It’s October 23, 2015.  Marty McFly finally made it to the future two days ago, and you couldn’t turn around but get smacked in the face with another person asking “Where’s my damn hoverboard?!”  Full disclosure: I was one of those idiots.  I’m not perfect, damn it.

My future is not written yet, and I have no Delorean with a flux capacitor and Mr. Fusion to guide me to it.  I’m basically winging this shit and seeing what happens.  To that end, I’m writing, almost every day, working on as many different things as interests me.  OK, so I’m mostly interested in short stories and novels, fantasy and science fiction, but you are what you eat I suppose, and that’s the diet I grew up on as a kid.  Maybe a little poetry just to mix things up and keep folks off balance.  Throw it up on the wall, see what sticks.  Though now that I’ve read more of Jennifer’s poetry, I think I’ll let her stick to that, she’s far and away better than me.

I keep perusing the writing forums at Reddit, looking for nuggets of wisdom I can apply to my own efforts.  Obviously and admittedly Stephen King’s book, On Writing, has gone a long way in inspiring me and giving me some guidance in improving the writing I already do.  Like a metric shit ton of guidance.  You have nooooooo idea how many modifiers – particularly those pesky little adverbial LY words that seemed to crop up every other sentence – I was using.  Take that shit out as much as possible, replace those weak nouns and qualifiers with a strong noun instead.  “He moved quickly” turns into “He ran.”  Shorter, faster sentence, better denotes the action.  Whoopie!

I came across this gem of a note taking session from a free lecture by Brandon Sanderson.  There’s some good nuggets in here, and I’ve been mining it the last day or two.  I haven’t found anything as revelatory as “kill your adverbs”, but I suspect something from it will stick in my brain for a long time to come.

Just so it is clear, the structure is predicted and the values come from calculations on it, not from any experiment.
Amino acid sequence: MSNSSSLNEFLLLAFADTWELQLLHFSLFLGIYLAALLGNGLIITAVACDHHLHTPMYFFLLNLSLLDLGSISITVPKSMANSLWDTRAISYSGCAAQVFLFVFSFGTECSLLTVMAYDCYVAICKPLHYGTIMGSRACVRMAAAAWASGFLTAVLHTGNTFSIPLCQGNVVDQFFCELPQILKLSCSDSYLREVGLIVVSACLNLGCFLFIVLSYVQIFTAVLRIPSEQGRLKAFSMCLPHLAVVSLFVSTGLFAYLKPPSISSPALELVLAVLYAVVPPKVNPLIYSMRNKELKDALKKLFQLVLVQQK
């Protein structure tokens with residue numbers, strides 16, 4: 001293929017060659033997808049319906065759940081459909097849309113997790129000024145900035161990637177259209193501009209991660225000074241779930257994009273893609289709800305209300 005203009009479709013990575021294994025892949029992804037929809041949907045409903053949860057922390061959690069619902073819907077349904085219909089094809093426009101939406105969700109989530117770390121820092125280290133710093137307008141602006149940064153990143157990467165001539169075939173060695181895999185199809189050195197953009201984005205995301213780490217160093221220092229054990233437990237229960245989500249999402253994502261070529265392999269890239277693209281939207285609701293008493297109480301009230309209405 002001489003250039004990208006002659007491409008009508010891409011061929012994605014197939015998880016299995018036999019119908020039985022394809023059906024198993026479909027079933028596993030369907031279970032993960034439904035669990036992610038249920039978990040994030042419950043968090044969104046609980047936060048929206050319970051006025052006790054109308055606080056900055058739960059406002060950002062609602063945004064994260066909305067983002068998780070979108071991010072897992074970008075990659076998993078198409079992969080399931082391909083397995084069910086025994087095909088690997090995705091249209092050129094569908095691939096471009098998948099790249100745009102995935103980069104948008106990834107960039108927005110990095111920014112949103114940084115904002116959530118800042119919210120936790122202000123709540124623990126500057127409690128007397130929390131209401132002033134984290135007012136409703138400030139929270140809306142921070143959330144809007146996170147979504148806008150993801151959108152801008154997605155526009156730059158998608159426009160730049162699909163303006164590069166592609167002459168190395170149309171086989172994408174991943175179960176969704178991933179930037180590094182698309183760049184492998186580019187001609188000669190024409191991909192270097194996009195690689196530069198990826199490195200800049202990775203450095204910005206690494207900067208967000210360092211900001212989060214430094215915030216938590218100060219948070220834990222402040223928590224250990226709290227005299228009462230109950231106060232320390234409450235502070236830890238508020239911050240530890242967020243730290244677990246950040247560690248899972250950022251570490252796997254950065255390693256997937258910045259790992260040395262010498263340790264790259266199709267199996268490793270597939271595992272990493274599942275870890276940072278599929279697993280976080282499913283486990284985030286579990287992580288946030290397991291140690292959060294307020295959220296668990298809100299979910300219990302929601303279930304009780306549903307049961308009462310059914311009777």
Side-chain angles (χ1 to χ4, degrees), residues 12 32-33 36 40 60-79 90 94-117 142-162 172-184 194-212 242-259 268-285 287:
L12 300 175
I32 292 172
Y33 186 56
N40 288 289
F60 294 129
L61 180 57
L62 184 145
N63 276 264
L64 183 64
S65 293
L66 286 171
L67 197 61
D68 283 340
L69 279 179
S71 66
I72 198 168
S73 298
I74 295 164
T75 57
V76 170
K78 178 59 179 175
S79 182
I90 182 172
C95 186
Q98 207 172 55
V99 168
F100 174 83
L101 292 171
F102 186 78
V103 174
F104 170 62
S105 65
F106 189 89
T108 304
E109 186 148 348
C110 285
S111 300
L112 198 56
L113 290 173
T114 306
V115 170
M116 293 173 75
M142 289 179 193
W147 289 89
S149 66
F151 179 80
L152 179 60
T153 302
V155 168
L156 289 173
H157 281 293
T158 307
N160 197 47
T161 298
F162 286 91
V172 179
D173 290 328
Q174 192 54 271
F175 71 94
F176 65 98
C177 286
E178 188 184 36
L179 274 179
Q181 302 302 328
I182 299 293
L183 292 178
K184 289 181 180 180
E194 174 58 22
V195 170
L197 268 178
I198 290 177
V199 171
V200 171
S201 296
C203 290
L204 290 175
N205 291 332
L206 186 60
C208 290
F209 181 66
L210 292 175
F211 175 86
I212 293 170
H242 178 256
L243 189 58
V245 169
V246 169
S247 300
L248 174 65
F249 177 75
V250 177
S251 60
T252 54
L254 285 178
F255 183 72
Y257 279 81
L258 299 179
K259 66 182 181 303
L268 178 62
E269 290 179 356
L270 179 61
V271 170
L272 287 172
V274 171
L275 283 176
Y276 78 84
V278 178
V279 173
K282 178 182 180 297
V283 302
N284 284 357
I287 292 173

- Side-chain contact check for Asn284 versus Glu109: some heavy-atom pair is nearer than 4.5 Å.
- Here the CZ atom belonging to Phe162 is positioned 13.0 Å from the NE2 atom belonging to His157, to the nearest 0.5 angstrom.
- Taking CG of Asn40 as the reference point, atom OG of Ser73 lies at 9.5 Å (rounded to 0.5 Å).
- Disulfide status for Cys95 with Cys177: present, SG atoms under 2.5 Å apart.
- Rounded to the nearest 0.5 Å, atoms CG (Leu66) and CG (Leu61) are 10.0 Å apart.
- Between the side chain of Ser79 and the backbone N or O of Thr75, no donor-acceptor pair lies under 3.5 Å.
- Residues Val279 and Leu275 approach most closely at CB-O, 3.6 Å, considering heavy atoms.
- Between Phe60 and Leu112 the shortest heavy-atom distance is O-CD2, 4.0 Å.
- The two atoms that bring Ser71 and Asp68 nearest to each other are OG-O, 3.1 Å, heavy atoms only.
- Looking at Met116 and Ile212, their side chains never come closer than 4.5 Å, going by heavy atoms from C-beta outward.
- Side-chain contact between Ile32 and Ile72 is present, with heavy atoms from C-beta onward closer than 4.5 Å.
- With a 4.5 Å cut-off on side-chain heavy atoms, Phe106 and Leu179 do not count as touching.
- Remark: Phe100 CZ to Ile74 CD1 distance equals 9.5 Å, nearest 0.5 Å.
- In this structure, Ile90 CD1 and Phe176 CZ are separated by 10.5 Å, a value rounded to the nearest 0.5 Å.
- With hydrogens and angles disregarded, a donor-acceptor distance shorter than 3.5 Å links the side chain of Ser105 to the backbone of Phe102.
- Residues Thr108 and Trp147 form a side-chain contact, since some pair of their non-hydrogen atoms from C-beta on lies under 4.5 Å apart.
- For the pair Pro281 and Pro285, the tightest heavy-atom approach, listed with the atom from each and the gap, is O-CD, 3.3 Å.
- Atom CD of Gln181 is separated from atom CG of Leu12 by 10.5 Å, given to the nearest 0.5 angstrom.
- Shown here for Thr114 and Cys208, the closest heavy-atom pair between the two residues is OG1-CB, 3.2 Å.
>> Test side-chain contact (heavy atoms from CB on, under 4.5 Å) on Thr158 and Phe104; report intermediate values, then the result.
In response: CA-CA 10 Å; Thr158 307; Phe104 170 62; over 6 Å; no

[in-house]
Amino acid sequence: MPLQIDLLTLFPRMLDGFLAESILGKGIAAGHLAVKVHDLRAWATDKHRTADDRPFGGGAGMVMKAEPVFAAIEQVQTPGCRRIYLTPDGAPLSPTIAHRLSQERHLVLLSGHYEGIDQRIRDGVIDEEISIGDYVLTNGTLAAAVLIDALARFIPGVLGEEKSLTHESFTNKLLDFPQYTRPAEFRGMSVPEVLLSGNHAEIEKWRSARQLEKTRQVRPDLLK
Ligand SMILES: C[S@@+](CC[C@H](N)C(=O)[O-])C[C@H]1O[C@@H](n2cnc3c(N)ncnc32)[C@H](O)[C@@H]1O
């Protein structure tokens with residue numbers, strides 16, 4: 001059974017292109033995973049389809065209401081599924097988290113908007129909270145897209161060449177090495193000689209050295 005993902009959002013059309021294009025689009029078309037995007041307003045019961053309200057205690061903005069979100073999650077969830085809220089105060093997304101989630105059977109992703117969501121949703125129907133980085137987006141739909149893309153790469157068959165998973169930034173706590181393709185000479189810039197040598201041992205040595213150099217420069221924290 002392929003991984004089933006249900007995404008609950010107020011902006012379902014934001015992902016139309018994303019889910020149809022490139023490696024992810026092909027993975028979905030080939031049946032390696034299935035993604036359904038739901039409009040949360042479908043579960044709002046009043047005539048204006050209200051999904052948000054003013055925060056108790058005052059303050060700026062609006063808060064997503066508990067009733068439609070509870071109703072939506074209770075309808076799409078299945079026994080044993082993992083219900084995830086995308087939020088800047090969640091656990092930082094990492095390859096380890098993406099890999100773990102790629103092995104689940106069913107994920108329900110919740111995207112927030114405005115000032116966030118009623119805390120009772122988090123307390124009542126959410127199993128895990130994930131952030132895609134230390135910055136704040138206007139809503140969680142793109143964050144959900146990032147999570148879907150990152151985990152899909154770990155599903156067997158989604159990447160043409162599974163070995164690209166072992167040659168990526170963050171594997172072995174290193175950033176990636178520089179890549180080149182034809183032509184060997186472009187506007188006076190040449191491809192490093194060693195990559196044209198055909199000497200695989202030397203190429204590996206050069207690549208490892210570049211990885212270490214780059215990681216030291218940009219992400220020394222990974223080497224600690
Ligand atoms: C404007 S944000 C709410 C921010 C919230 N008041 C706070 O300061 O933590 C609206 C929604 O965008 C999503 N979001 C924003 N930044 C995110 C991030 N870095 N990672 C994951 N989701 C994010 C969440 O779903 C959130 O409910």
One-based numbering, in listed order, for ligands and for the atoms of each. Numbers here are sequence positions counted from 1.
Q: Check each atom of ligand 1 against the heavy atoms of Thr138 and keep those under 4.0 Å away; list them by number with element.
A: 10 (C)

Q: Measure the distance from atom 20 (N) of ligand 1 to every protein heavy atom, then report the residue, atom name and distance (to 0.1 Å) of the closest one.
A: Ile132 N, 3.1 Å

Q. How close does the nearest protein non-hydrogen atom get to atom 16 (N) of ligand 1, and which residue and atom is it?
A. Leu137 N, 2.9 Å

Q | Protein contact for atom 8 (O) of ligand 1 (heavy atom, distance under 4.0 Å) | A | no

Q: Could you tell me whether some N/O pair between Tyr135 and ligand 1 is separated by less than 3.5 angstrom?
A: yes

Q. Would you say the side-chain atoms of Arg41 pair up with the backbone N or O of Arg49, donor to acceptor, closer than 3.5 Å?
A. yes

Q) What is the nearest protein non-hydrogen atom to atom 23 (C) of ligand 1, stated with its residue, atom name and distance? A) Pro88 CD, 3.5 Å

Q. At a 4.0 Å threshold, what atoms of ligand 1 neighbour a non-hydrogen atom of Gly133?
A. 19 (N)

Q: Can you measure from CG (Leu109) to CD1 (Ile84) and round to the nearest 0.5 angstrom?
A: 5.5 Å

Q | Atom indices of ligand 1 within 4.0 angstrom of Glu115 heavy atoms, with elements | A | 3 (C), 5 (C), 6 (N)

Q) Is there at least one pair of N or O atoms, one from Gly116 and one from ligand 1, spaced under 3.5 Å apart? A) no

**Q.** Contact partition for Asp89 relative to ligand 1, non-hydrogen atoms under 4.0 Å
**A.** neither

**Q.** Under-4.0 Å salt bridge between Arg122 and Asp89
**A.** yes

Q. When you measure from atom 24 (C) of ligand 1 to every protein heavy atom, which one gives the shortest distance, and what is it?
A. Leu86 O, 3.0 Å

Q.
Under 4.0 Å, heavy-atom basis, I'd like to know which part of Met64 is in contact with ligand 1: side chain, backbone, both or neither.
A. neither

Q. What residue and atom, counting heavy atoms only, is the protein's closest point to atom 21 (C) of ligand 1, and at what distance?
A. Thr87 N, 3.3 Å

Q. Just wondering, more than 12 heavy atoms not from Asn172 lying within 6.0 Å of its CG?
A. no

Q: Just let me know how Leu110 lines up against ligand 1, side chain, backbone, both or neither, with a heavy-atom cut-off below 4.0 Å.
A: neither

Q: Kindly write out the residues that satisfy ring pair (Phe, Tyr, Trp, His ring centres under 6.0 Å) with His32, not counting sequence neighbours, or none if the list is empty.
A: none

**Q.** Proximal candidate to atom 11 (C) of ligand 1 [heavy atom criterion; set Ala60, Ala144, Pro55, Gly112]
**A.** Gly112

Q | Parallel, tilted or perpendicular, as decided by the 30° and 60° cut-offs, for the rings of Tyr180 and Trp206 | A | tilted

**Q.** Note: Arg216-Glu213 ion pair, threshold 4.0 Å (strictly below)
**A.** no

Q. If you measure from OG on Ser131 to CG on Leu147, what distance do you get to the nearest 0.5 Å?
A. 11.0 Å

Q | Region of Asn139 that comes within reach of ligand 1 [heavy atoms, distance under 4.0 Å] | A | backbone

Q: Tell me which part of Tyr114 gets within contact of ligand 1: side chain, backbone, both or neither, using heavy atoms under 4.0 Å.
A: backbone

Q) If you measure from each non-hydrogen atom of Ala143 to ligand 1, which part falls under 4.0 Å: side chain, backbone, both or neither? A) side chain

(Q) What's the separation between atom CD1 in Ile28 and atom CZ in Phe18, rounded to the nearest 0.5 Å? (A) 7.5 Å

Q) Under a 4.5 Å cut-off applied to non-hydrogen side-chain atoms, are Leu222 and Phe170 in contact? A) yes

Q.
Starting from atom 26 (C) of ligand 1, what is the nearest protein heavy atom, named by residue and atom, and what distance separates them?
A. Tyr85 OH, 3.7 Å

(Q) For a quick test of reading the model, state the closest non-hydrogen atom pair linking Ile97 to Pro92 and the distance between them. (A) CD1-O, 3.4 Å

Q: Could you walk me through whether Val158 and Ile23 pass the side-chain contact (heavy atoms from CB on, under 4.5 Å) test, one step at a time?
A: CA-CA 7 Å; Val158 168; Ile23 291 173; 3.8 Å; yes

But that still can’t compare with discovering Story Grid, the blog postings and book put together by experienced editor Shawn Coyne.  I’m still trying to wrap my mind around what he’s saying, all of which makes sense but goes into much deeper literary depths than I generally wade.  I dip my toes in the shallow end of the humanities pool, and certainly haven’t even begun to look at the publishing ocean wallowing far off in the distance.  I’ll cast my line that way in time, but for now check out the site and see what you can make of what he’s saying, it rings “true” in my mind, and when my reptile brain has more time, I’m going to dissect it in a thorough fashion.  I’ll add both of these as links on the front page, though, so others can benefit from them.

My future is not written, but it is writing.  Unless I fail, and failure is always an option.  It won’t be failure from lack of trying, though.  It’ll be failure because Biff married my mom and turned my home town into a Trump verson of sleazy Vegas.  Now that’s a nightmare I could do without.

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